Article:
Sunday, August 23, 2015


The word “bonus” is from Latin and means “good.” It represents something extra, unexpected, a reward, honorarium or gift. The dictionary defines bonus as something given or paid over and above what is due, more than the agreed arrangement. Generally it's something I don't ask for. Someone in authority decides to give it to me freely. I'm not thinking of money, however. My bonus is time, and the Giver is God.

Whatever my situation or age, whether I have made it through a serious illness, or I am burdened with chronic ill health, or suffer unfixable limitations, or survived some traumatic event that might have taken my life—or am living extra years beyond my hereditary expectation—I've been given a bonus.

Life itself, however long or short, is a bonus. I don't agree with the term “living on borrowed time.” Since I'm alive today, I'm living on God's generous, predetermined time. What am I going to do with my bonus days or years? How shall I spend, redeem, invest, make fruitful for God and others the extended days of my life, if God grants them?

If I have recovered from an illness, God brought me through to recovery for a purpose. Did He heal me only so I could drift along for my own pleasure, “row, row, rowing my boat gently and merrily down the stream” just to hang around a little longer? 

Tim Hansel wrote after finding out that he would have to live the rest of his life after a tragic accident with no relief from pain ever and an uncertain lifespan, “I don't know how much string is left on my ball of twine. There are no guarantees how long any of us will live, but I know full well that I would rather make my days count than merely count my days. I want to live each one of them as close to the core of life as possible, experiencing as much of God and my family and friends as I am capable. Since life is inevitably too short for all of us, I want to enjoy it as much as I can no matter what my circumstances.”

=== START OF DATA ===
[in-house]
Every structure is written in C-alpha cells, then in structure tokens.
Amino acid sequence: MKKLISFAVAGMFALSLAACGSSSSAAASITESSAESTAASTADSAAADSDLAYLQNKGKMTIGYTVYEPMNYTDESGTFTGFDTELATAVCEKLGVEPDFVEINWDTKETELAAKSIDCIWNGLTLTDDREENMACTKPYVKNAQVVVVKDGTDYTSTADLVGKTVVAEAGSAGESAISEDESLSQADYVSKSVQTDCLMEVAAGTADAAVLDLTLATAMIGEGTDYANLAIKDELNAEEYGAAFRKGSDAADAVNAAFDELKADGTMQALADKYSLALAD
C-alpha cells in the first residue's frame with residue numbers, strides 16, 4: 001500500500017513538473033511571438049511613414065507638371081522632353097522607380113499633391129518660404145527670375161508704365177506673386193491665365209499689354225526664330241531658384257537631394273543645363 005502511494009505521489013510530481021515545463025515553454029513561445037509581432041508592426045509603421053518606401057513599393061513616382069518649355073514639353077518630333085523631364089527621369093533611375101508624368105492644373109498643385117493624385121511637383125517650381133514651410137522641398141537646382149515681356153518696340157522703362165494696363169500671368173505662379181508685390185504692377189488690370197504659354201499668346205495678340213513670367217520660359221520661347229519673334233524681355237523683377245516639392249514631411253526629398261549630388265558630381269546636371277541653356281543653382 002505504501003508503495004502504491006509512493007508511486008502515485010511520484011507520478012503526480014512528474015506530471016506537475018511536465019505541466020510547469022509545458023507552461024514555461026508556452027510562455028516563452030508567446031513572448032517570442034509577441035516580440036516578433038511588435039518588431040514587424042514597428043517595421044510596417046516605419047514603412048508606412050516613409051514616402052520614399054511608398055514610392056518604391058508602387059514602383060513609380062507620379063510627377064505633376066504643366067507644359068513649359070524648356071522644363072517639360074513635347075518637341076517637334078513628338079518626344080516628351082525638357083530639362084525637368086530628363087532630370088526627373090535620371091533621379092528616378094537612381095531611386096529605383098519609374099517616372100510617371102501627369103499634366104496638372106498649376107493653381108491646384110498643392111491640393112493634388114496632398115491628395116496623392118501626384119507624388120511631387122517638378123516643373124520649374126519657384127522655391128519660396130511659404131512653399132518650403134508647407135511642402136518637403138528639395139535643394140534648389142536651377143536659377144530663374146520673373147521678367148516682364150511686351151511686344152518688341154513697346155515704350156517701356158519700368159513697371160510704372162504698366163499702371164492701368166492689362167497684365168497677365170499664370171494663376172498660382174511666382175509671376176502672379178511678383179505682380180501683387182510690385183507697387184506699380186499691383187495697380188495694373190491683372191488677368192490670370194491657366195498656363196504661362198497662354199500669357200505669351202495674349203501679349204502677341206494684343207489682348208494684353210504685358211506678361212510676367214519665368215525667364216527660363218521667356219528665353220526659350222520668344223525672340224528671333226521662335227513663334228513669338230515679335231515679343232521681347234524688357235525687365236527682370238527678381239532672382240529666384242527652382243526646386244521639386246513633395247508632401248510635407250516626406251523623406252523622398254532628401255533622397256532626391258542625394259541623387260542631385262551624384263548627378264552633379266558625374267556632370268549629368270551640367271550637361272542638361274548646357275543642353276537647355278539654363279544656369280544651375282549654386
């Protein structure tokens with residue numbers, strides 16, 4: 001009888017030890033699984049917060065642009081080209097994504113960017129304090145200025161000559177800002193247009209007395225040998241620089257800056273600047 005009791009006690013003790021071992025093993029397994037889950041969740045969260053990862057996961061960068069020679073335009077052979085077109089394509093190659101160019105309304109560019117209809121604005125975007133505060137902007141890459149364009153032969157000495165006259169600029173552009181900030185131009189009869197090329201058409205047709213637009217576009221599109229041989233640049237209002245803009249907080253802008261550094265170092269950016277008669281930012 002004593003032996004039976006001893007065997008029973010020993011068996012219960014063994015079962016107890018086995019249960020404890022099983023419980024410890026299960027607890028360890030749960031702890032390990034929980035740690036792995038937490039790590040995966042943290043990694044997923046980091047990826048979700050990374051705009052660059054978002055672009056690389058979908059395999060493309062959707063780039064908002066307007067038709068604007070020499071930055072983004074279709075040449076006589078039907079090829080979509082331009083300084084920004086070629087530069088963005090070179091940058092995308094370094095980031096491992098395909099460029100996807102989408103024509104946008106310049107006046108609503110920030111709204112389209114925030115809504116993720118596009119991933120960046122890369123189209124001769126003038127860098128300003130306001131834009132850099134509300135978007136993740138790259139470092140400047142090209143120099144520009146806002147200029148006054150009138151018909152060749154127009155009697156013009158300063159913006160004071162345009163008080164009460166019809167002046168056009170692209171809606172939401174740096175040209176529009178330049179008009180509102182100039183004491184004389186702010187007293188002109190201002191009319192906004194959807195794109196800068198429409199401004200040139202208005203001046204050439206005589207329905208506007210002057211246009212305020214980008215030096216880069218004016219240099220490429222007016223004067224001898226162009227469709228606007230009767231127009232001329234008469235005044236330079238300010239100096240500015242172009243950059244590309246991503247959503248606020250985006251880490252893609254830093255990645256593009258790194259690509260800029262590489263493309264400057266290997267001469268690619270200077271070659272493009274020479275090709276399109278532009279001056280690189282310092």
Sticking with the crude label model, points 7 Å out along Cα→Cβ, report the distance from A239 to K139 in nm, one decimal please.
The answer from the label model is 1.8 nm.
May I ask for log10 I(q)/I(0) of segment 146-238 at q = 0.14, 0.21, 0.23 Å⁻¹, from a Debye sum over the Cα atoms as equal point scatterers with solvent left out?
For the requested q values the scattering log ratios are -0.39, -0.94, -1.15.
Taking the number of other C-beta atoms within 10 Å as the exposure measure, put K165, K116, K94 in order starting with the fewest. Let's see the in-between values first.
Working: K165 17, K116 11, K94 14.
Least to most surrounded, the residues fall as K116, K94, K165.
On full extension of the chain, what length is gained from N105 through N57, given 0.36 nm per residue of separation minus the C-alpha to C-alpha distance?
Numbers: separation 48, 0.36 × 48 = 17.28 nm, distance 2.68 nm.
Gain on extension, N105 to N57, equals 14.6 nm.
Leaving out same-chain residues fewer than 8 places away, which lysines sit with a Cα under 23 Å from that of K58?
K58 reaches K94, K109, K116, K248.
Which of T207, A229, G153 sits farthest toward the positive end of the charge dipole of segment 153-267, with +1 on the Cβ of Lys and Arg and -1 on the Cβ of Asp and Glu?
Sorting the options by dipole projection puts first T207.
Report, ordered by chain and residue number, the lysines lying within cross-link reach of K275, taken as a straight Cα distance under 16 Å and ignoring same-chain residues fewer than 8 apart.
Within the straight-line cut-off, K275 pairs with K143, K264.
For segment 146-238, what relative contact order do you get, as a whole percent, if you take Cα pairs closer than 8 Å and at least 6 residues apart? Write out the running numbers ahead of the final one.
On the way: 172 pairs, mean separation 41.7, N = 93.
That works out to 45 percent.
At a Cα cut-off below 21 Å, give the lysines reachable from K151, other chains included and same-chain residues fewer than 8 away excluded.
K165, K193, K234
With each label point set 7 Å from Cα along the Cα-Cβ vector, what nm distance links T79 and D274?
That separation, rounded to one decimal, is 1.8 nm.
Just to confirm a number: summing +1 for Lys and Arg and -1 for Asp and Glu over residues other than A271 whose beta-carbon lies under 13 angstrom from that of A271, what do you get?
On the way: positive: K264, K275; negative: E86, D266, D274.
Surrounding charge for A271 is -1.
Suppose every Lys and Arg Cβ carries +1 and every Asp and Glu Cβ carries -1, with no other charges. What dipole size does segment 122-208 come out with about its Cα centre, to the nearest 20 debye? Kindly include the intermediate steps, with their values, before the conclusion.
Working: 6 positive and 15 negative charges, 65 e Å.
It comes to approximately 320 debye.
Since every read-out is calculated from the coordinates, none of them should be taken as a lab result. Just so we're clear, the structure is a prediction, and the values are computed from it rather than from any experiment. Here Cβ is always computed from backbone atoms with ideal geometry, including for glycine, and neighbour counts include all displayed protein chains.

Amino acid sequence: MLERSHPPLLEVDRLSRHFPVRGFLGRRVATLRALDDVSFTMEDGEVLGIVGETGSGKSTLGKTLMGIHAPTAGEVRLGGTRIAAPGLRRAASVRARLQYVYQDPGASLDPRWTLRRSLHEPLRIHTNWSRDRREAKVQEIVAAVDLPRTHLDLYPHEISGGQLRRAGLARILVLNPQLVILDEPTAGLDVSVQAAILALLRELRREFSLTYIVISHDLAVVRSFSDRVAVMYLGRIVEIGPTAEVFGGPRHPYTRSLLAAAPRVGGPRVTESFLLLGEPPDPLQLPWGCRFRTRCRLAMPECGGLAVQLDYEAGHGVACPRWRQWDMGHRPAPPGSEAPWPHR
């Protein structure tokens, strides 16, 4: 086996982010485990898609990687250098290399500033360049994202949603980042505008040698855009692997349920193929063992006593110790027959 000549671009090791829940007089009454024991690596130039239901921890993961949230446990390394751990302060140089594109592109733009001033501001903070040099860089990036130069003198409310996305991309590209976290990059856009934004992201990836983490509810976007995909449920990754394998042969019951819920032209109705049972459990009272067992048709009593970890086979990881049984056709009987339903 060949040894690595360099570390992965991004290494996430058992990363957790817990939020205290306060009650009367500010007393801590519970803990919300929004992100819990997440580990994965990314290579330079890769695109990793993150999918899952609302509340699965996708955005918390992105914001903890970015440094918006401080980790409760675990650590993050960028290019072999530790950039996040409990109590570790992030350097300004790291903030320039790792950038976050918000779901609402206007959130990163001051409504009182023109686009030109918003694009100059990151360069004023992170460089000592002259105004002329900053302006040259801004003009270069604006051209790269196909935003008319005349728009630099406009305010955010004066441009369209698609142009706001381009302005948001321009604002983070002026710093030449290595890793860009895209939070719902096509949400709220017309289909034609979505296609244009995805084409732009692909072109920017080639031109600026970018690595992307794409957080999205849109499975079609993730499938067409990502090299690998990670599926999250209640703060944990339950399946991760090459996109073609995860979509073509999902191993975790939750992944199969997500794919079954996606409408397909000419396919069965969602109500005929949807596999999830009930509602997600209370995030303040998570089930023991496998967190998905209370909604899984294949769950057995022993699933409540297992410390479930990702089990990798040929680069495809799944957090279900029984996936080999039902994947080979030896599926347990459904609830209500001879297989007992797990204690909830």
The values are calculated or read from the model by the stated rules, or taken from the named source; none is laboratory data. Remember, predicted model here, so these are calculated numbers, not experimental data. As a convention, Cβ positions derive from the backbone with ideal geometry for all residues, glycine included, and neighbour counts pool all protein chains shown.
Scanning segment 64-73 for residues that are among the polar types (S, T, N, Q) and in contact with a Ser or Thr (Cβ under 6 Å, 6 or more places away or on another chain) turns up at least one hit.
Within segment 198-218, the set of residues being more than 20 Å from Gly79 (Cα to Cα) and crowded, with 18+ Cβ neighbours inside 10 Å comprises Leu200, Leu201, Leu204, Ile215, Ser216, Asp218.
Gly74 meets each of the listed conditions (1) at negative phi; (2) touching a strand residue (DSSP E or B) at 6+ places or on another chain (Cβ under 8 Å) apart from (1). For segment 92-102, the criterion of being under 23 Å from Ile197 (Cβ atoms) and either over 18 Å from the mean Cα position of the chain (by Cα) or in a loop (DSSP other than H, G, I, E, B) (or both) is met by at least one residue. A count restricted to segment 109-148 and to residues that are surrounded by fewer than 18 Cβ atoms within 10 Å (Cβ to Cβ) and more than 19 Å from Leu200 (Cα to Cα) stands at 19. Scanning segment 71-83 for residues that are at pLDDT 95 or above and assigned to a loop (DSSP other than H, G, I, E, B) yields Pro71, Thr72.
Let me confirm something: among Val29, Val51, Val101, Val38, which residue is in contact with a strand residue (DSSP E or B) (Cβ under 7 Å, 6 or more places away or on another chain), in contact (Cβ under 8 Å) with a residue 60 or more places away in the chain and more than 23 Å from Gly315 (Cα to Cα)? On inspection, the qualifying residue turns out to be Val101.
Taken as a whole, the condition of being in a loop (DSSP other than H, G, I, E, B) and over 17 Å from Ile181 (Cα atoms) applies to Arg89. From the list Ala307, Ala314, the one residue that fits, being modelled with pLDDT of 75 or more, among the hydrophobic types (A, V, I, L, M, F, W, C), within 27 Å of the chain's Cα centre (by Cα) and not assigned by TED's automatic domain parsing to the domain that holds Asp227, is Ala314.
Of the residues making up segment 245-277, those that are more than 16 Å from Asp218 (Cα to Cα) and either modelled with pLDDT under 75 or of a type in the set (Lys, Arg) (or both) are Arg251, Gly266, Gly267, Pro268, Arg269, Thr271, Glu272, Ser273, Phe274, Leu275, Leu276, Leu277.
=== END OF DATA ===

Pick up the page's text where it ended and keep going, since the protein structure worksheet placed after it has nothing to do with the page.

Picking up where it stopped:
My desire for my bonus days is to say with Saint Paul, “My deep desire and hope is that at all times, and especially just now, I shall be full of courage, so that with my whole being I shall bring honor to Christ, whether I live or die. For what is life? To me, it is Christ. Death, then, will bring more. But if by continuing to live I can do more worthwhile work, then I am not sure which I chould choose. I am pulled in two directions. I want very much to leave this life and be with Christ, which is a far better thing; but for your sake it is much more important that I remain alive. I am sure of this, and so I know that I will stay. I will stay on with you all, to add to your progress and joy in the faith...” (Philippians 1:20-25 GNB.

But Paul, history tells us that you really didn't live very long after you wrote the above—only a few months. Then God called you to your eternal reward. It was not for you to choose after all, Paul. Nevertheless, what you accomplished and wrote for all posterity in those next few months counted for eternity. You invested your brief bonus time well and ran the last mile. None of us know God's timing for our Homeward call. Life on this earth is as a vapor.

Any of us are capable of making a bonus blunder. A quick historical survey and a look at the lives of some people in our generation reveal examples of those who blew it toward the end of their lives. Sometimes they begged God for an extension of time after some crisis. In some cases it might have been better for them not to have survived, but that's not for any of us mortals to judge.

How we live in any season of our lives carries a sober responsibility. We can't afford to drift or spend our bonus time on ourselves. If God gives us bonus days, weeks, months, or years, they should be “handled with care” because they are fragile and precious. We will be accountable to the Lord how we invested our bonus time, whether as wasteful spenders or as careful stewards.

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